Emboldened by the majority delivered to the Conservatives on May 7th, by the broadly warm reception to his One Nation Budget, and by the success of his long-term economic plan, George Osborne is now confident enough to announce a housing policy that this morning’s Daily Telegraph – as Tory a paper as there is, of course – says will “force communities to accept development against their will”.
Of course, communities – shorthand for which, if the Telegraph readership conforms to type, means sleepy, affluent West Sussex village – can come quietly. Compulsion will only happen if councils, put off by local opposition, fail to agree local plans and build enough homes in the first place. But are those in the Tory shires really going to accept willingly developments that they would consider to threaten as the very fabric of where they live? New homes mean more people, which means more traffic, more pressure on school places, and longer waits for a GP appointment. And more supply also brings down the value of their own homes
It’s no coincidence that the announcement comes now, at the start of the five-year term, of course – it’s not sensible to upset your core vote too close to a General Election, and yet good politics to look energetic on housebuilding ahead of London elections next year, council and Mayoral, in which housing will be a central issue.
But either way, Osborne is addressing an acute economic and societal need. He’s right that the UK doesn’t build enough homes. He’s right that brownfield sites are chronically under-utilised. He’s right that young people (or late-30-somethings, even early-40-somethings) cannot get on the housing ladder. He’s right that London’s housing problems are especially severe, where so many are stuck on rent and the percentage of home owners is now down to less than half.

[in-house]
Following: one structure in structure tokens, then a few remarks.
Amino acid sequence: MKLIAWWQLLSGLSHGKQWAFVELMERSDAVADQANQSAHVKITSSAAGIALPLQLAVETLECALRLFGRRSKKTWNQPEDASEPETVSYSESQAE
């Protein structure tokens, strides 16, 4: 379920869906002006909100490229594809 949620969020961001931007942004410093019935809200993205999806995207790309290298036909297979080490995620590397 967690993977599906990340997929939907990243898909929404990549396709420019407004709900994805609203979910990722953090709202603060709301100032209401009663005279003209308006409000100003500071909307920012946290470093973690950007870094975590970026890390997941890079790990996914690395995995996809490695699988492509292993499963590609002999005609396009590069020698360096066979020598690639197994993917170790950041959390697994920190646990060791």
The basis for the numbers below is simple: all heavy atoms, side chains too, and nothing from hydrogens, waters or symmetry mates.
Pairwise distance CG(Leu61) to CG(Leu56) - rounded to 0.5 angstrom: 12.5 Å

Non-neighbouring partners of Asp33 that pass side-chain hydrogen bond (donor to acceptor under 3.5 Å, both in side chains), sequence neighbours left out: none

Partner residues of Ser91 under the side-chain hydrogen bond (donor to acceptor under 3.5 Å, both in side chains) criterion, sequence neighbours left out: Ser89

And so it follows that he is right – when these issues are not being tackled by communities and councils – to step in, and sweep away the regulations causing the blockages, even if enforcement isn’t a regular Tory look (though de-regulation is).
So we will have automatic permission for brownfield sites – developing idle, de-industrialised brownfield land is imperative. An understanding that such sites won’t on their own solve the problem is why London developers will be allowed to build up, no planning permission required, and why the capital’s commuter towns and villages are being asked to take their share (or else).
Osborne has dressed up his planning reforms as a boost for productivity, and in terms of house-building, and quicker commuter travel times, that should be the case.
But it should also knock down the country’s crippling housing benefit bill, currently standing at £24 billion – nothing will bring down rental costs, which go on the Government tab, quite like a bit of supply.
And that is something that Tory voters will like .